Wednesday, February 18, 2004

When you've won, what do you protest?

In a scene out of P.C.U., a group of University of Oregon students have protested Eve Ensler's The Vagina Monologues, a play that has evidently sparked a global feminist movement, for not being "inclusive" enough.

I miss college. I miss hearing sentences like:
"Know that what you are seeing tonight is not the result of an inclusive process,"

and
"Know that this space was not one where honest questions and concerns about race were tolerated."


This is evidently what happens when activists actually get what they wanted. The women's movement was successful. Women have equal legal rights, women may enter any profession, and more overtly run the world. (They ran it before, also, but had to let the men pretend they were in charge.)

So what's the problem with the Vagina Monologues?

Well, evidently, there was a "lack of representation of different kinds of women in "The Vagina Monologues" production." It seems that "Women of ' variety of skin colors, body sizes, abilities and gender expressions'were not adequately represented."

It's a shame, really. Because "this could have been a more diverse cast, but a safe and welcoming environment was not created for people that [the protester] consider[s] to be 'underrepresented.'" Specifically, she noted, "only one other woman of color remained in the show. 'Plus size' and queer women were also not well-represented, she said." Apparently, when advertising for the woman-only cast, they didn't put up a sign, "free milk and cookies for fat black lesbians." (And by the way, why is "Plus size" in euphemism quotes but not queer?)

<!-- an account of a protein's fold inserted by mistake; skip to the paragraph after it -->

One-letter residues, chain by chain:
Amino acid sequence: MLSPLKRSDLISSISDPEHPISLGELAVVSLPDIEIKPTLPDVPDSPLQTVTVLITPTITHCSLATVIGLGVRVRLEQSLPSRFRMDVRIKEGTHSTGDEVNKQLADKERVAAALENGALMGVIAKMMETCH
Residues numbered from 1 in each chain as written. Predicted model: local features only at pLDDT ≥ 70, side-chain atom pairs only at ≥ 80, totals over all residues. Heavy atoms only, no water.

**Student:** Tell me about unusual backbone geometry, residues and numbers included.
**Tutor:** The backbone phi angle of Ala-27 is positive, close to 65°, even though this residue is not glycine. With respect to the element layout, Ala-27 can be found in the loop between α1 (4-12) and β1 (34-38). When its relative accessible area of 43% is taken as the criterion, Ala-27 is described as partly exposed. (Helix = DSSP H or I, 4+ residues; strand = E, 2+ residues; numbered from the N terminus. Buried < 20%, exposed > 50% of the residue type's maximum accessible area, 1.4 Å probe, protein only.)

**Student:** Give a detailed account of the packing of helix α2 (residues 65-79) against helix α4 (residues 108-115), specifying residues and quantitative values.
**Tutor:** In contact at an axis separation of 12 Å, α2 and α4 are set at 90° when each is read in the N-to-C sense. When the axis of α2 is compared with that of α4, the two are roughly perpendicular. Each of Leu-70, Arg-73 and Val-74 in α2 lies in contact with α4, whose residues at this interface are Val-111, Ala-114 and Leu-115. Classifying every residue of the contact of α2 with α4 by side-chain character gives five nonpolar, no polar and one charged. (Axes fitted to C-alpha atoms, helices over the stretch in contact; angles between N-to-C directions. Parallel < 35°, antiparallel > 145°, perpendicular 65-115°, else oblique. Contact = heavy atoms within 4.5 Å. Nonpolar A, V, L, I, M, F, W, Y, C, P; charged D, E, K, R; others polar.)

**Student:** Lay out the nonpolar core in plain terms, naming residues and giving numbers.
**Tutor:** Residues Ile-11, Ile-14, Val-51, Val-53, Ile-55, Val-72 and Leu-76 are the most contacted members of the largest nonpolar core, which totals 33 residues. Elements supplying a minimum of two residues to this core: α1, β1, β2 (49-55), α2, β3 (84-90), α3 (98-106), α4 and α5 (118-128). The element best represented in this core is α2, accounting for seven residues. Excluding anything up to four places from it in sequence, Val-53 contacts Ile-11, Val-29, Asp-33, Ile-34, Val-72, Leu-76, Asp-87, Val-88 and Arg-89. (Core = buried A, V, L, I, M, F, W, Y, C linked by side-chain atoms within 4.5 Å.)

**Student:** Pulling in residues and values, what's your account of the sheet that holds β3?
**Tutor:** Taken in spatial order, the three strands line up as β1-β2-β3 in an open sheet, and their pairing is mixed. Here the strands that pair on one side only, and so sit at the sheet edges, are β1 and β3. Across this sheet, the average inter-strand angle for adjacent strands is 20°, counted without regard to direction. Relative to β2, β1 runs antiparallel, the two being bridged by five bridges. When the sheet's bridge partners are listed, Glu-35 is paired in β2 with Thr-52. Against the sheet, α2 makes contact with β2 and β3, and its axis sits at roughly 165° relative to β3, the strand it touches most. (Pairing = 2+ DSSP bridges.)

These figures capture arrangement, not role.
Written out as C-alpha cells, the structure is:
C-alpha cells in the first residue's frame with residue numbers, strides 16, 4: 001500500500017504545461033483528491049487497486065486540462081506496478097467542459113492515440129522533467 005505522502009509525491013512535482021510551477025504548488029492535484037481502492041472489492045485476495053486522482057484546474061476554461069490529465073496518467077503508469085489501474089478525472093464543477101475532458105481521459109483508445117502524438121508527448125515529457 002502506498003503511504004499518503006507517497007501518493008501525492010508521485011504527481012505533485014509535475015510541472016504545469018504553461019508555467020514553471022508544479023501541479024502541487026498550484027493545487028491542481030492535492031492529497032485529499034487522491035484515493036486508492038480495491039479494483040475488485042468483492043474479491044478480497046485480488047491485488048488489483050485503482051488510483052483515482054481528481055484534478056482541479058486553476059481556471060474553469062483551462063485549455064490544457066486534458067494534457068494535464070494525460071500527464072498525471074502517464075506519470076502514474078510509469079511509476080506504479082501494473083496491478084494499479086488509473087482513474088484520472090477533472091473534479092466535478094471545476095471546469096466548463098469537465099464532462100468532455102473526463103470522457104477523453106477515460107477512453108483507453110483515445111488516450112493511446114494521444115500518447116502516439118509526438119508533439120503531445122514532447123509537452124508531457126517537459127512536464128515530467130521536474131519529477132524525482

The director of the show (who I'd wager is not a George W. Bush supporter) tries gamely to defend herself with logic:
[The director] said about 85 people auditioned for the show and there wasn't a large pool of "visible" people of color to choose from. She said it is also not always possible to tell one's ethnicity or sexual orientation just by looking at the person, adding that she does not usually ask people what their sexual orientation is at an audition.


Which is good, because that wouldn't really create a safe space, would it? "Hey, you, audition-chick! You a lesbian?" Seems to me that would invite a similar protest.

I'd also expect a protest over the Oregon Daily Emerald headline on this related story, "Tensions explode at 'Vagina' discussion."

Ahem.

Update: Thanks, Professor Volokh!

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